I would like to continue the topic of my last few posts addressing the “preferred contractor” or “quality vendor” programs that insurers frequently implement. Generally, these programs consist of a number of vendors, such as electricians, contractors, roofers, etc. that have agreed to provide their services to the insurance company’s insureds in the event of a loss. Those services are typically provided at a discounted rate and are often guaranteed by the insurer. The repairs to an insured’s home after a covered loss by a preferred contractor selected from the insurer’s quality vendor program can play a role in a bad faith case against an insurance company.
Sometimes, a preferred vendor is selected by the insured to conduct repairs. For one reason or another, the insured subsequently files a bad faith law suit against the insurer and might include additional claims against the vendor that conducted the repairs at issue. Frequently, insurers will seek to defend a bad faith suit by arguing that the dispute was reasonably debatable. I recently discussed this defense that might be asserted by a carrier in my post titled, Insurer Is Not Absolved of Its Duty to Fairly Adjust Claim Just Because the Claim is a "Fairly Debatable Loss". In this post, I will address the defense in the context of how it might apply to a lawsuit involving a preferred contractor program.
Under this theory, if the issue between the insurer and insured is reasonably debatable, then the insurer may not have acted in bad faith by taking a position on the issue that is contrary or different that the insured. In these cases an insurer may argue that it relied on its preferred contractor to determine the cost of repairing the insured’s home. The insurer, on the other hand, may contend that the house cannot be repaired per the preferred contractor’s repair bid. In a bad faith lawsuit over this issue, the insurer will commonly argue that even though there was a difference between the repair costs the insurer’s conduct was not unreasonable because it was based on the bid of a qualified contractor.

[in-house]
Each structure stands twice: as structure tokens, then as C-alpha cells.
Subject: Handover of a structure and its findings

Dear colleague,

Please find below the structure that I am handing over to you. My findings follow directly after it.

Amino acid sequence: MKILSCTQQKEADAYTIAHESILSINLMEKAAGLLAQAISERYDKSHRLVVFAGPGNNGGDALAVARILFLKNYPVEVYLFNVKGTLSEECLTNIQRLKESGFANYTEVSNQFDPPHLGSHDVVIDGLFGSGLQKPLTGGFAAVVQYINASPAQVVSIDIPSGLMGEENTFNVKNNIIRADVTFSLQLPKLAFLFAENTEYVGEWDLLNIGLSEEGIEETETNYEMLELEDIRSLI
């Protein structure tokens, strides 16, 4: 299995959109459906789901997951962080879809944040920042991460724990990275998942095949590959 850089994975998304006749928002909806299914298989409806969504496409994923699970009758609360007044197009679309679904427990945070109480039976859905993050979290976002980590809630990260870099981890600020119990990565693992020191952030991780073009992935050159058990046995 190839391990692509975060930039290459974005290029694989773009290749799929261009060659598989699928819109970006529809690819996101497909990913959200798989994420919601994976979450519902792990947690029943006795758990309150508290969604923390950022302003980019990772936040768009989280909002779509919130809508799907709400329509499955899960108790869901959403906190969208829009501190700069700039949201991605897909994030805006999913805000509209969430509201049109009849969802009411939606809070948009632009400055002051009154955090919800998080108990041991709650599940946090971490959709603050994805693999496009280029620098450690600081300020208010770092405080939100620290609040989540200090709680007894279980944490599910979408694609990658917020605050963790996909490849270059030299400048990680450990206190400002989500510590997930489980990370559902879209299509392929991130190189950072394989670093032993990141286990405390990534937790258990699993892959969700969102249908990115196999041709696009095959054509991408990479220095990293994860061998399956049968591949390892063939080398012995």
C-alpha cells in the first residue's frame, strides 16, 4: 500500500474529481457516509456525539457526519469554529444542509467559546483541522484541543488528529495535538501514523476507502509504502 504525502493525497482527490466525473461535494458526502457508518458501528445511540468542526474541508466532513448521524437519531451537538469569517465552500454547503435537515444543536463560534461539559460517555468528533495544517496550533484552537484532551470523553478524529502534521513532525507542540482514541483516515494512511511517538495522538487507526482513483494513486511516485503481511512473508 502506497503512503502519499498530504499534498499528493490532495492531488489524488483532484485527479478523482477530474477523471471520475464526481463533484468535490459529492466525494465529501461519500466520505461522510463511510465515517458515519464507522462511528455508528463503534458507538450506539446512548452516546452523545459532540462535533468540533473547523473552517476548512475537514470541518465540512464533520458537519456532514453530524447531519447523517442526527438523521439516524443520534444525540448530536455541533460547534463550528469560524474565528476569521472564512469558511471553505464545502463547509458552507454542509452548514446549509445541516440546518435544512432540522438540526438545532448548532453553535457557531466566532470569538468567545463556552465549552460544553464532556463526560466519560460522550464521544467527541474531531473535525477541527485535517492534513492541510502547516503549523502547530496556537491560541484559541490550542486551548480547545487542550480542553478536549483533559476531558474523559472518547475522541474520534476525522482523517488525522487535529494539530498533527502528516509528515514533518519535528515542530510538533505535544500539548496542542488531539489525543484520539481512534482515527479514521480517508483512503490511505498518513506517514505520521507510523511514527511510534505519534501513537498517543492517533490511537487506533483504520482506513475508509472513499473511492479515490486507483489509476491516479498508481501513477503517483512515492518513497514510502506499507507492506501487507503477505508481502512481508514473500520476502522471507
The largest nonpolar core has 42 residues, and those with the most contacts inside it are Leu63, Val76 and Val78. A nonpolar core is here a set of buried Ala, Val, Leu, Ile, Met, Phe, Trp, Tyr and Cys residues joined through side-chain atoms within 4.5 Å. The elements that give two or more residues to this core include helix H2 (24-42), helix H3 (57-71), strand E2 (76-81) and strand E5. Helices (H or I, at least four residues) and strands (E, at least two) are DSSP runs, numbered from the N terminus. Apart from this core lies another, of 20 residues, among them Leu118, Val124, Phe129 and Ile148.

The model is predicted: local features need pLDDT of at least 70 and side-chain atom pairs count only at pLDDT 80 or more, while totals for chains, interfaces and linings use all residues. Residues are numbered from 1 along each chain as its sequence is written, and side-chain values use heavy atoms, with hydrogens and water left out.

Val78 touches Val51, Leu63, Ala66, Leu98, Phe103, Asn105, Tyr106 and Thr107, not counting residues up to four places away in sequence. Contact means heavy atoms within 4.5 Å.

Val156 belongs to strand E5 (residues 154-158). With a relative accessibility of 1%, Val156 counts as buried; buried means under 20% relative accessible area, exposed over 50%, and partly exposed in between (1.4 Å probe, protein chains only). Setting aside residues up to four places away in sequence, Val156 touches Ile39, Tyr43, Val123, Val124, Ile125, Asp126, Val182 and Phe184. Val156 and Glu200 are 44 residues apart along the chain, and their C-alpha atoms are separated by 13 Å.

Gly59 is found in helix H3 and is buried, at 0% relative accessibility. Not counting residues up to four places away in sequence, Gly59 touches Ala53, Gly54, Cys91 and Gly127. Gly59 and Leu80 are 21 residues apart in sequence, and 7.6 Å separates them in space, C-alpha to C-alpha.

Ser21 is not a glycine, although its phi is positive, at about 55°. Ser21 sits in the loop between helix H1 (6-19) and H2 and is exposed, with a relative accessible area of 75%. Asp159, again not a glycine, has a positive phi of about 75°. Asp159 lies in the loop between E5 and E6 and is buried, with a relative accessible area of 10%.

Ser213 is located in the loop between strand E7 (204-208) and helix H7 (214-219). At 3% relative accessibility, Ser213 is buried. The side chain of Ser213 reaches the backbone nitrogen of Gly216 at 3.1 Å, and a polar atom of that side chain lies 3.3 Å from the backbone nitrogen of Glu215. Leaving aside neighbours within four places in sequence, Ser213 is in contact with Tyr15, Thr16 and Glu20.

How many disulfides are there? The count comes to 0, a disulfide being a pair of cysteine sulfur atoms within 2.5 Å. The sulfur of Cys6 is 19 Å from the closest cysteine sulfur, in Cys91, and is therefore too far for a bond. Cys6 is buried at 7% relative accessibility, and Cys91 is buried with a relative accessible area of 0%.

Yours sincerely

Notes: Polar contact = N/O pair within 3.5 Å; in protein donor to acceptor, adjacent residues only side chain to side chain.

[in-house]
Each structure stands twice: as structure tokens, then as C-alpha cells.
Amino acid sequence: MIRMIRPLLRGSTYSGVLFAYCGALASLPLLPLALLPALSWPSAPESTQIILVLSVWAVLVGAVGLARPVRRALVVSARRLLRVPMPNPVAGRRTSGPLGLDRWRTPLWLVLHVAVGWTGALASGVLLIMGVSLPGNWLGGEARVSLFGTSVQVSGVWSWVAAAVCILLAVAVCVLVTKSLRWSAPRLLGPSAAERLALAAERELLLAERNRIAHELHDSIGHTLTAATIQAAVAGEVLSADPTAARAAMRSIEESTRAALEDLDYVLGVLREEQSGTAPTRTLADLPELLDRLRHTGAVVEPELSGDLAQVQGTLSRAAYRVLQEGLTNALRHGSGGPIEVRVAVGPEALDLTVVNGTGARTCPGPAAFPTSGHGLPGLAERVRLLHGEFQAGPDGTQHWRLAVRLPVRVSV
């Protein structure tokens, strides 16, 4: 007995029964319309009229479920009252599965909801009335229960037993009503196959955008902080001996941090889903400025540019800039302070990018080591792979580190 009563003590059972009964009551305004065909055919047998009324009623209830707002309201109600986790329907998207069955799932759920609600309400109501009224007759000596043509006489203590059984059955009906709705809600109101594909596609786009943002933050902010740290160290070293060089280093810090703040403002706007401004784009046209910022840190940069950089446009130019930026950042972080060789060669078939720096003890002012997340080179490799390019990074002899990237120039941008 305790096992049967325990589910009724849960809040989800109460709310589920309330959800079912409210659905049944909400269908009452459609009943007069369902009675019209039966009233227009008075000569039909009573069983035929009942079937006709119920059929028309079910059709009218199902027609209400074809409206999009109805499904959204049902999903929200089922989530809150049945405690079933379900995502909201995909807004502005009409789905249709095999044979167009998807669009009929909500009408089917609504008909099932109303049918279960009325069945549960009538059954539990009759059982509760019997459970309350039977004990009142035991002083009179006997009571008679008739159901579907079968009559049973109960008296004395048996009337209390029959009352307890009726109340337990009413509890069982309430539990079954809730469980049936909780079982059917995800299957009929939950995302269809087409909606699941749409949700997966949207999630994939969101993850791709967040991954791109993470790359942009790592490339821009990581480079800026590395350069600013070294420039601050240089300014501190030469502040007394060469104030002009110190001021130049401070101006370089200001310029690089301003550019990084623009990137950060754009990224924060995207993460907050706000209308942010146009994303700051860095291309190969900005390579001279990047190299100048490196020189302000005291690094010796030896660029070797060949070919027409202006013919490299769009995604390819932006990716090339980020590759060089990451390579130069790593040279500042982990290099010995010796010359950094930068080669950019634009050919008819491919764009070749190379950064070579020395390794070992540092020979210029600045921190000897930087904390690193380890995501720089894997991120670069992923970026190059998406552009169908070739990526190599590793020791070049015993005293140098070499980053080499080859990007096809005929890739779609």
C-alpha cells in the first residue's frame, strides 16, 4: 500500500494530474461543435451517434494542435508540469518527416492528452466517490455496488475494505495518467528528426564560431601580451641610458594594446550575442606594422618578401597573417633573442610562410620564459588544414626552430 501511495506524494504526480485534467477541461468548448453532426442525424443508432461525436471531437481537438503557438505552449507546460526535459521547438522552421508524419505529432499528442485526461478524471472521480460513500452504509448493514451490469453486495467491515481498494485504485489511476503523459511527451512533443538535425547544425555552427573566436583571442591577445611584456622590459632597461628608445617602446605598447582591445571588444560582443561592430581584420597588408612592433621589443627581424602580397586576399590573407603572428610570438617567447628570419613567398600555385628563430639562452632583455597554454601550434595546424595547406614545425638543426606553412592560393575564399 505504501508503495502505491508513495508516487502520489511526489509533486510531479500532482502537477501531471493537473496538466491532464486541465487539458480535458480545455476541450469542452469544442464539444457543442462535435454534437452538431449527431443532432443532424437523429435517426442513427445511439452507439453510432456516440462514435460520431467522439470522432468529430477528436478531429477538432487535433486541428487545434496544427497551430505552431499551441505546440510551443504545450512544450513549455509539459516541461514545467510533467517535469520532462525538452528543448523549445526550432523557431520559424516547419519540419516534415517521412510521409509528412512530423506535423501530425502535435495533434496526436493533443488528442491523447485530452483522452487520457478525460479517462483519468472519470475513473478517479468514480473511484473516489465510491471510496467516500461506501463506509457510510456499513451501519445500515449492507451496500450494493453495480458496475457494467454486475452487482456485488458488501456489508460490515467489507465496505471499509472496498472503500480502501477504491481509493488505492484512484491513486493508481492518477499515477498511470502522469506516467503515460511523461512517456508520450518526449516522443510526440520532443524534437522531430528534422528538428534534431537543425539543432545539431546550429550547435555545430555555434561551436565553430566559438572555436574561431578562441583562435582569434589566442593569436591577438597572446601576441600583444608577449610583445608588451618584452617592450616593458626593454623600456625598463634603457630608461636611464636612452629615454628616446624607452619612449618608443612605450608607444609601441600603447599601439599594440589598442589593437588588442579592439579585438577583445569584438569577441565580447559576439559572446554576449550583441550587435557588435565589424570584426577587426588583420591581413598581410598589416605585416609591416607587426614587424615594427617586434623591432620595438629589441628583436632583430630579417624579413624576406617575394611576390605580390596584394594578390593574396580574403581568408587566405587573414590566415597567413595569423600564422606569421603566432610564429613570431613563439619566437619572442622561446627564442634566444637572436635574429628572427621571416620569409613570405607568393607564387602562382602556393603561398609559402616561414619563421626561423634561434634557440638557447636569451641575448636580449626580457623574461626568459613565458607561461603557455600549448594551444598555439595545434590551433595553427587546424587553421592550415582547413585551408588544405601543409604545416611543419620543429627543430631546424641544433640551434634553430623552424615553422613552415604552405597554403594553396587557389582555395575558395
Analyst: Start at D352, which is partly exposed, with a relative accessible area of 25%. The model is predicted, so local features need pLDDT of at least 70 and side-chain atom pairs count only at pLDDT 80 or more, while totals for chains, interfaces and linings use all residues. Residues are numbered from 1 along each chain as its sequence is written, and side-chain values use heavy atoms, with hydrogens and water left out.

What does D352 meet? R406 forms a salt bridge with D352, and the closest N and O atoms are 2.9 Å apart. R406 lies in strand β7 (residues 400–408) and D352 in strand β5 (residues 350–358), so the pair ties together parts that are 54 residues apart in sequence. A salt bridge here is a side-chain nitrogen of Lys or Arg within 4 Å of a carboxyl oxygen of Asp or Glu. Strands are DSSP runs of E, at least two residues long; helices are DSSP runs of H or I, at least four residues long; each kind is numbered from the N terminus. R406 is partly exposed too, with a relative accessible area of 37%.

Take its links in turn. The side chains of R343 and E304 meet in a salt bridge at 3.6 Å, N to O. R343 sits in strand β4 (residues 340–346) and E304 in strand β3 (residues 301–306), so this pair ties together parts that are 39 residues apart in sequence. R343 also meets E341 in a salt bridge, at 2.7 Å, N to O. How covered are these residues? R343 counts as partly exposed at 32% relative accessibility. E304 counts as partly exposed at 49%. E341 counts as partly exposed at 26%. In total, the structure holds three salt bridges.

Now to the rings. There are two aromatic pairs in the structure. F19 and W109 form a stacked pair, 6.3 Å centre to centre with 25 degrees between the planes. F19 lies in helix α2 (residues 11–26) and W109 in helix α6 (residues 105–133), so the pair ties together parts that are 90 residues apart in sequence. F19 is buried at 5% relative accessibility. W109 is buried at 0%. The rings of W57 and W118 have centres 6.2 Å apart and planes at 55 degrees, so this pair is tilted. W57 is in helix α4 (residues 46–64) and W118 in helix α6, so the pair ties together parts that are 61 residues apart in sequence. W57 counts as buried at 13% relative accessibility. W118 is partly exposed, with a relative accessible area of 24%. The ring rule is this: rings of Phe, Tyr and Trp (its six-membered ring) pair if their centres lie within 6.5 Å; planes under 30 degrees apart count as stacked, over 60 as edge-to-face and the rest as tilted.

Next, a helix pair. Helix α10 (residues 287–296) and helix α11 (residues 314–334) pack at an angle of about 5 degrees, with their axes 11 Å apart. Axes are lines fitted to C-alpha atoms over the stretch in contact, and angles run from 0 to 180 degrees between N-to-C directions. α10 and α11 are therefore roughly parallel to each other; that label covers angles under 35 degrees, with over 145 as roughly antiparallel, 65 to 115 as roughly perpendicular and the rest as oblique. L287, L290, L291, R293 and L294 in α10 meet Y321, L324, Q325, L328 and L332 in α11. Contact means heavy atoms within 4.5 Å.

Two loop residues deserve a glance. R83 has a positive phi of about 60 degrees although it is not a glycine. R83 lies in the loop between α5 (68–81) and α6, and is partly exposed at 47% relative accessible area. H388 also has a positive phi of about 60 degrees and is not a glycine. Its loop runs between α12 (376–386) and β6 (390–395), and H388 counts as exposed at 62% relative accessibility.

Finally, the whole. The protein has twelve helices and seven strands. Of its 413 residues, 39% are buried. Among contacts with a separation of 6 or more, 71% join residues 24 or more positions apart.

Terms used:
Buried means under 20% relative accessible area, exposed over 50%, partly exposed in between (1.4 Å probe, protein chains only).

Discovery in Insurance Bad Faith Cases, Part II, Charles M. Miller
It might appear to be a valid defense for the carrier. However, there are many, many factors that play a role and often there are arrangements that an insured might not be aware of and which may have a tremendous impact on the claim.
One way to respond to this defense is to show that the insurer and contractor have had a long term relationship that has been financially beneficial to the contractor. This evidence can be the basis for arguing that the contractor has a financial incentive to provide the lowest possible bids in order to keep getting the insurer’s business. Such evidence may cast doubt on the reasonableness of the insurer’s reliance on the contractor’s bid, particularly where it can also be shown that there had been similar disputes with other insureds. Development of thee fact begins with requesting documents concerning how much the insurer has paid its preferred contractor.
Discovery in Insurance Bad Faith Cases, Part II, Charles M. Miller.
For those who follow my blog, discovery is a common issue that I address. As indicated above, a policyholder’s attorney should carefully craft discovery requests that seek the information regarding the relationship and/or contract between the vendor and insurer. Work performed by the same vendor for other insureds regarding the same type of damage might be helpful to determine whether there is a pattern of poor repairs, failure to honor guarantees or failure of the insurer to pay the insured for the rest of the repairs in the event that the preferred contractor does not finish the job properly. These are all important factors that should be taken into consideration in a bad faith lawsuit involving the use of a preferred contractor.
Please tune in next week for another bad faith discussion.